From Wikipedia, the free encyclopedia
  (Redirected from KGWC 14/KGWL 5)
Jump to: navigation, search
KGWC-TV logo
Casper, Wyoming
United States
Branding CBS 14
Channels Digital: 14 (UHF)
Virtual: 14 (PSIP)
Subchannels 14.1 CBS
14.2 ABC
Owner Mark III Media, Inc.
(sale of non-license assets pending to Gray Television; license to be donated to Central Wyoming College[1][2][3])
First air date August 12, 1980 (37 years ago) (1980-08-12)
Call letters' meaning Greater
(after former sister station, KGWN-TV)
Former callsigns KCWY-TV (1980–1986)
Former channel number(s) 14 (UHF analog, 1980–2009)
15 (UHF digital, 2002–2009)
Transmitter power 53.3 kW
Height 562 m (1,844 ft)
Facility ID 63177
Transmitter coordinates 42°44′26″N 106°21′36″W / 42.74056°N 106.36000°W / 42.74056; -106.36000
Licensing authority FCC
Public license information: Profile

KGWC-TV is a CBS-affiliated television station licensed to Casper, Wyoming, United States. It broadcasts a high definition digital signal on virtual channel and UHF channel 14 from a transmitter atop Casper Mountain. Owned by Mark III Media, the station maintains studios on Skyview Drive in Casper.

KGWC's programming is relayed on its satellite stations, KGWL-TV (channel 5) in Lander, and KGWR-TV (channel 13) in Rock Springs (part of the Salt Lake City market). Operations for the three stations are based on Skyview Drive in Casper, in the same studios as ABC affiliate KTWO-TV (channel 2), Fox affiliate KFNB (channel 20) and MeTV affiliate KWYF-LD (channel 27).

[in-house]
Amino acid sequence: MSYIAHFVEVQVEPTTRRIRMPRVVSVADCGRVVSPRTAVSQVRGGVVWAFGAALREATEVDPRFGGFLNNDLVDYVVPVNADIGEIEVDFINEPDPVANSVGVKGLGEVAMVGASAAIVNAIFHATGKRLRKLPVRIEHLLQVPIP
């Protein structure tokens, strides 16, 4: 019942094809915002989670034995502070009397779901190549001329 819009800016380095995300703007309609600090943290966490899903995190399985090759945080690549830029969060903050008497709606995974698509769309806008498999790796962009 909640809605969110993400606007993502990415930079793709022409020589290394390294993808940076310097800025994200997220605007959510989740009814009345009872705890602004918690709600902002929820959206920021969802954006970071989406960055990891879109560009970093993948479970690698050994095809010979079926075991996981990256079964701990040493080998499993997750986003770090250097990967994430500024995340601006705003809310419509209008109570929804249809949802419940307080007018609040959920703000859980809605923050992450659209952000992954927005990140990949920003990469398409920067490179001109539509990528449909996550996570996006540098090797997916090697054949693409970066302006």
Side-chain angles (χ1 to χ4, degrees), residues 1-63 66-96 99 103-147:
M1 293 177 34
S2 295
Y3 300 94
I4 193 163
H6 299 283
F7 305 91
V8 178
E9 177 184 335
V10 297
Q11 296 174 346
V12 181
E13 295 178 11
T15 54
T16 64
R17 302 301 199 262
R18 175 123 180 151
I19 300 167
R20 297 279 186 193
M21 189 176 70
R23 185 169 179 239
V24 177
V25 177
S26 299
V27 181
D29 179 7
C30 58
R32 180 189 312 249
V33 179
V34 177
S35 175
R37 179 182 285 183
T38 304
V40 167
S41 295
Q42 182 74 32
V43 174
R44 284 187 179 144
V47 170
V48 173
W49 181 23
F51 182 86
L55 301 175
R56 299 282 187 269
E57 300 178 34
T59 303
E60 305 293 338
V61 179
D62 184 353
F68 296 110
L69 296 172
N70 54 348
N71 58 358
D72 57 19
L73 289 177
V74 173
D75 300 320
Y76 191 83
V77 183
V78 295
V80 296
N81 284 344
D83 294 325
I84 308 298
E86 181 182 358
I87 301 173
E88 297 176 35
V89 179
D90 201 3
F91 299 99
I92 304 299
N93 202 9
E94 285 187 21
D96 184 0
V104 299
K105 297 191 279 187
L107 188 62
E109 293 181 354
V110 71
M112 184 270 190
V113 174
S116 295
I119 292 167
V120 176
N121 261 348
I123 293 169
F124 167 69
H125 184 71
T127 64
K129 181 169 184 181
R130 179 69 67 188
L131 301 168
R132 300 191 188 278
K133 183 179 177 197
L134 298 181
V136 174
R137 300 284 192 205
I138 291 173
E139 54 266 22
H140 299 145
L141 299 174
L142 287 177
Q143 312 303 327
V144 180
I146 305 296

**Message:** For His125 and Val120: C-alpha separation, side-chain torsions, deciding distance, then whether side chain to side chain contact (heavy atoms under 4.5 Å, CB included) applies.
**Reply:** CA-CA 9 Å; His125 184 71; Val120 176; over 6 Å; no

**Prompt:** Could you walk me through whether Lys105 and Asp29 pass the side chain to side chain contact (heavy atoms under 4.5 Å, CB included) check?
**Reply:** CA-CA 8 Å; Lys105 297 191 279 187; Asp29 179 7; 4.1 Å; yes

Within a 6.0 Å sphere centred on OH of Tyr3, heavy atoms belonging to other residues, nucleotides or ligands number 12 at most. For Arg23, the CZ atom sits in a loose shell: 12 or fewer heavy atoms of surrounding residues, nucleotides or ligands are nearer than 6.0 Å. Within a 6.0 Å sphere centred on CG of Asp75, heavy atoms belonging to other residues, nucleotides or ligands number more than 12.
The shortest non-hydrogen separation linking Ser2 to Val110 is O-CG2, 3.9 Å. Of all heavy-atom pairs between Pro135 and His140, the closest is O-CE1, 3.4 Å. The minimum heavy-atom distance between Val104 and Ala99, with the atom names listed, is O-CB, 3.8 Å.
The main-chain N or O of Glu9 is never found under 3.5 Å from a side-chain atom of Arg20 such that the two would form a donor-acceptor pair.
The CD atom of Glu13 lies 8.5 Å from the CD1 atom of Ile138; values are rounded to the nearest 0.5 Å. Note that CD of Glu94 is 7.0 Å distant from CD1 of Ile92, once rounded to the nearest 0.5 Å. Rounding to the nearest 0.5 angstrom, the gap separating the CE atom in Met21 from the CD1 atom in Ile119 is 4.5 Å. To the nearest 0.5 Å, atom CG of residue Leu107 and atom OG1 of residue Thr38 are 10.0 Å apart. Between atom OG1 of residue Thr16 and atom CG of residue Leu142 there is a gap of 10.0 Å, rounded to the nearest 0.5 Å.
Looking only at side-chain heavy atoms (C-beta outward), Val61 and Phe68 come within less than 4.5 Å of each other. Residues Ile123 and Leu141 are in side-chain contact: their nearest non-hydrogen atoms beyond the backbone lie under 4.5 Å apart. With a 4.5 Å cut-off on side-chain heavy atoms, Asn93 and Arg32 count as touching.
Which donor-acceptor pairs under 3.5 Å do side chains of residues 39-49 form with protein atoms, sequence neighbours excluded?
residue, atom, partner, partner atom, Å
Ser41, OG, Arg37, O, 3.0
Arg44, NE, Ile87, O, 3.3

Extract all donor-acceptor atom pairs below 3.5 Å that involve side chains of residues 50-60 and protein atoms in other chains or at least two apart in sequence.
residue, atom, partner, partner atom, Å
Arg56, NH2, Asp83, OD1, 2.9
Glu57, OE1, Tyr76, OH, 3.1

KGWC is one of the few stations in the country that signs off at night. Its repeaters KGWL and KGWR stay on air, but freeze up on the last image transmitted by KGWC.


KGWC signed on August 12, 1980 as KCWY-TV, the second television station in western Wyoming. In 1982, KCWY began operating satellite stations to expand its reach; it bought KTUX-TV in Rock Springs, which had signed on October 21, 1977, and renamed it KWWY-TV, and in September started a second satellite, KOWY, in Lander. All three stations adopted their current call letters on January 1, 1987 (the KCWY calls are now located on channel 13 in Casper), and were grouped together as the "Wyoming News Network" until June 2000, when then-owner Benedek Broadcasting closed much of the Casper operation and made the stations semi-satellites of KGWN-TV, the CBS affiliate in Cheyenne. The stations were sold to Chelsey Broadcasting in 2002, following Benedek's bankruptcy.[4]

In 2003, Chelsey Broadcasting sold the KGWN stations in two separate sales. KGWN and Scottsbluff, Nebraska satellite KSTF were sold to SagamoreHill Broadcasting, while KGWC, KGWL, and KGWR were sold separately to Mark III. After a lengthy approval process at the Federal Communications Commission due to several objections to the sale (primarily concerning whether the sale would effectively put the stations under common ownership with KFNB and KTWO-TV[5]), Mark III officially consummated the sale on May 31, 2006. KGWC and its satellites then returned to operating separately from KGWN.